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Ramathasan Thevamaran's blog

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A Postdoctoral Research Associate Position at the University of Wisconsin-Madison

A Postdoctoral Research Associate Position is available (Fall 2020) in Professor R. Thevamaran’s laboratory at the Department of Engineering Physics of the University of Wisconsin-Madison to study the dynamic behavior of hierarchical materials.

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Environmentally induced exceptional points in elastodynamics

We study the nature of an environment-induced exceptional point in a non-Hermitian pair of coupled mechanical oscillators. The mechanical oscillators are a pair of pillars carved out of a single isotropic elastodynamic medium made of aluminum and consist of carefully controlled differential losses. The interoscillator coupling originates exclusively from background modes associated with the “environment,” that portion of the structure which, if perfectly rigid, would support the oscillators without coupling.

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Independent control of dynamic material properties by exploiting structural hierarchy and intrinsic structural gradients

Achieving high damping and stiffness is challenging in common materials because of their inter-dependent scaling. Controlling extreme mechanical waves requires synergistically enhanced damping and stiffness. We demonstrate superior damping and stiffness in vertically aligned carbon nanotube (VACNT) foams that are also independently controllable by exploiting their synthesis-tailored structural hierarchy and structural gradients. They exhibit frequency- and amplitude-dependent responses with dramatically tunable dynamic stiffness while maintaining constant damping.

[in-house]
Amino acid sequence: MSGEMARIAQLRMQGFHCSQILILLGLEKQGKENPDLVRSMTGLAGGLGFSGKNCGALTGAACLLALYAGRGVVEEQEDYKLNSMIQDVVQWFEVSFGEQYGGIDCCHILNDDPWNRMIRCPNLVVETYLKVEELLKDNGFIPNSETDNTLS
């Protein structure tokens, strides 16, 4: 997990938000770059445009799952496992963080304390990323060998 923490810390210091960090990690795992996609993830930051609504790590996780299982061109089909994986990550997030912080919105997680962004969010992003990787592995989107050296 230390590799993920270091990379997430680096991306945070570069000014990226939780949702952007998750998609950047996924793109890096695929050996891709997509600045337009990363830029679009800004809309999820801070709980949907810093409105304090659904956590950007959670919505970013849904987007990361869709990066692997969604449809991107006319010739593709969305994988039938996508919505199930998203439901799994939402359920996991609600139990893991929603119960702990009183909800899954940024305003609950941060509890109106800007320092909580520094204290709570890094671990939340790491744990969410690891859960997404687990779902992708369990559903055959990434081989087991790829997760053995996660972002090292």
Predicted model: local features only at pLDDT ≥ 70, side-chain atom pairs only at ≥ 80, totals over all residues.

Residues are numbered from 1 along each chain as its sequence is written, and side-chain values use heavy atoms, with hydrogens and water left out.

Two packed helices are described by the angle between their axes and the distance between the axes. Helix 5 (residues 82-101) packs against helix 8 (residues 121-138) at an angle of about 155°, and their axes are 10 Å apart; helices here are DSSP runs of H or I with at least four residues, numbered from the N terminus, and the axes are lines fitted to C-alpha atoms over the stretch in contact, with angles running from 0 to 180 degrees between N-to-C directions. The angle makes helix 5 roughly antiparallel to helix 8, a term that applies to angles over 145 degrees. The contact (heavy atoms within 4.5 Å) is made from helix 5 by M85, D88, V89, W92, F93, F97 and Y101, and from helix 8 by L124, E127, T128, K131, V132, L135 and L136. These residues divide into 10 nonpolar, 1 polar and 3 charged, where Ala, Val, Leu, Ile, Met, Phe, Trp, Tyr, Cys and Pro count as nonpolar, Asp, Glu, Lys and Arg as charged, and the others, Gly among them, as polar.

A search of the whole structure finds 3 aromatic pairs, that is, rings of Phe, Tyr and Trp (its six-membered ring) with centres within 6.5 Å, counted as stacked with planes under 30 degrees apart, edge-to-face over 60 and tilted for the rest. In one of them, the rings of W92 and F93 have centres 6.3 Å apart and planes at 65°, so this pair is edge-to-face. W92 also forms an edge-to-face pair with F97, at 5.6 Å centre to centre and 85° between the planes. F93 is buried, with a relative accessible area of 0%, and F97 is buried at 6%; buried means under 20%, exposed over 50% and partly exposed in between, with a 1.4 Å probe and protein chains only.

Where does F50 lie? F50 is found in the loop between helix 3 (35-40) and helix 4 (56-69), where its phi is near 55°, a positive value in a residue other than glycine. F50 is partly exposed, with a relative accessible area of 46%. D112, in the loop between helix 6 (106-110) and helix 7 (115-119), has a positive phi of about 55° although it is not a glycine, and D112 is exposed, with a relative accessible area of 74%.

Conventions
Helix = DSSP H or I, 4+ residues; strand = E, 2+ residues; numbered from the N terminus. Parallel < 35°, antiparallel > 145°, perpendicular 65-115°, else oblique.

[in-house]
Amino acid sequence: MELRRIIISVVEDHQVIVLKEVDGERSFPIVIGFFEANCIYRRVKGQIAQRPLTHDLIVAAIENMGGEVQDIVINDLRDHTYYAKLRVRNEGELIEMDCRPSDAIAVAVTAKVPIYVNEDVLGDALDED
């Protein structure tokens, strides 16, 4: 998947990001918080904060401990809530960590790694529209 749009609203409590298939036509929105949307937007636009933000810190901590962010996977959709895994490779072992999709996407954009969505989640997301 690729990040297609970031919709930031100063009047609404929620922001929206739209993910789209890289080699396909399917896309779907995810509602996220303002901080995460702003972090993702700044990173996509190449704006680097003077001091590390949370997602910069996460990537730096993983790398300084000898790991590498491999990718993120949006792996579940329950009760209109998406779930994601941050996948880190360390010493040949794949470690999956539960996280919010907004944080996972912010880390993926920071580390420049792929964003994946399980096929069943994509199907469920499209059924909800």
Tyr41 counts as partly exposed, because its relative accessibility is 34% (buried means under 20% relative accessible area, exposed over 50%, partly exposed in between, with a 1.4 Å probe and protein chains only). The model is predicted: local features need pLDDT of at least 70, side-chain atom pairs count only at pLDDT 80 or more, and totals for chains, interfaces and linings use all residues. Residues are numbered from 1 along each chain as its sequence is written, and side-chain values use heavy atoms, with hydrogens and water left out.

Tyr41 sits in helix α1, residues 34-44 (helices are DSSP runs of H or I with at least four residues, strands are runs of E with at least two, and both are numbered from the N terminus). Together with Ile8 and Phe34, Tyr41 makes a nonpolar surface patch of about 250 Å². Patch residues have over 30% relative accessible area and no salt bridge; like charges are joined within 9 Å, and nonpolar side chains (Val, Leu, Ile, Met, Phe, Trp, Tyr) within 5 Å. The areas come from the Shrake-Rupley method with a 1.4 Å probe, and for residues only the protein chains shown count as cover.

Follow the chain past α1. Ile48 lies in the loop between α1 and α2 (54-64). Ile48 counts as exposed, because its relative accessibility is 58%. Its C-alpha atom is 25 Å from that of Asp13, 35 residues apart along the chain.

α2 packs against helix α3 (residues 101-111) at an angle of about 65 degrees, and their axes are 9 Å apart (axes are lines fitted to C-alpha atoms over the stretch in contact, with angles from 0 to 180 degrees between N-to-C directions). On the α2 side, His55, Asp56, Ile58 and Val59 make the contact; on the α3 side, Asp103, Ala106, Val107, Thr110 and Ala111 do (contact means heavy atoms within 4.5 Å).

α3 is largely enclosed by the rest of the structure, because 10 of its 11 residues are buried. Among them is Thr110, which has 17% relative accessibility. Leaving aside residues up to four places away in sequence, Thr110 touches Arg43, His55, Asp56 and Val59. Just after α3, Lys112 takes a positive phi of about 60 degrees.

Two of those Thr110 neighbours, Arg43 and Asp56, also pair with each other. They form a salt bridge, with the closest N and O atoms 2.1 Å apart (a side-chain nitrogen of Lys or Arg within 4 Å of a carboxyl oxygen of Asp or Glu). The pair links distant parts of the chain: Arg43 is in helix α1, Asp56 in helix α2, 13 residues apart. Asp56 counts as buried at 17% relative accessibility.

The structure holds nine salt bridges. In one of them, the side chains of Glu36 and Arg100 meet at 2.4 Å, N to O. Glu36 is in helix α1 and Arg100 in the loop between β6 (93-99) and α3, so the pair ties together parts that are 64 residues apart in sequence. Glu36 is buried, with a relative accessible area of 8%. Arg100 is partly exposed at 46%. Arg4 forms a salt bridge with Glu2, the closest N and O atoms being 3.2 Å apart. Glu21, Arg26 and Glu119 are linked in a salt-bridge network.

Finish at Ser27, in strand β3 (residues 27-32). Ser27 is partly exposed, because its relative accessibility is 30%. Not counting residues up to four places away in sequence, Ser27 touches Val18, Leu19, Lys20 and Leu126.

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Superior Energy Dissipation by Ultrathin Semicrystalline Polymer Films Under Supersonic Microprojectile Impacts

Distinct deformation mechanisms that emerge in nanoscale enable the nanostructured materials to exhibit outstanding specific mechanical properties. Here, we present superior microstructure- and strain-rate-dependent specific penetration energy (up to ∼3.8 MJ/kg) in semicrystalline poly(vinylidene fluoride-co-trifluoroethylene) (P(VDF-TrFE)) thin films subjected to high-velocity (100 m/s to 1 km/s) microprojectile (diameter: 9.2 μm) impacts.

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Dynamic Martensitic Phase Transformation in Single-crystal Silver Microcubes

The ability to transform the crystal structure of metals in the solid-state enables tailoring their physical, mechanical, electrical, thermal, and optical properties in unprecedented ways. We demonstrate a martensitic phase transformation from a face-centered-cubic (fcc) structure to a hexagonal-close-packed (hcp) structure that occurs in nanosecond timescale in initially near-defect-free single-crystal silver (Ag) microcubes impacted at supersonic velocities.

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Asymmetric acoustic energy transport in non-Hermitian metamaterials

One of our studies on linear and nonlinear non-Hermitian metamaterials has been published on the recent special issue of the Journal of the Acoustical Society of America: Non-Reciprocal and Topological Wave Phenomena in Acoustics.

Abstract

Ramathasan Thevamaran's picture

Postdoctoral Research Associate Position at the University of Wisconsin-Madison, Madison, WI.

A Postdoctoral Research Associate Position is available in Professor R. Thevamaran's laboratory at the Department of Engineering Physics to study the dynamic behavior and properties of nanostructured metals and hierarchical materials. A strong background in experimental solid mechanics and materials science is required for this research.

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Dynamic creation and evolution of gradient-nano-grained structures in single-crystal metallic microcubes

In an article published today in Science, we have demonstrated the creation of an extreme gradient-nano-grained (GNG) structure in single-crystal microcubes through high-velocity impact. We use the defect-free single-crystal silver microcubes, synthesized using a seed-growth process, as the model system, and fire them at supersonic velocities onto a rigid target to create the GNG structure.

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A few experimental studies on the dynamic behavior of foam-like aligned carbon nanotubes

I'm posting a few experimental studies we have conducted on the dynamic behavior of hierarchical fibrous materials, using vertically aligned carbon nanotubes as a model material. I hope these will be useful to those who are interested in buckle-instabilities, multiscale behavior, and energy absorption mechanisms.

An overview:

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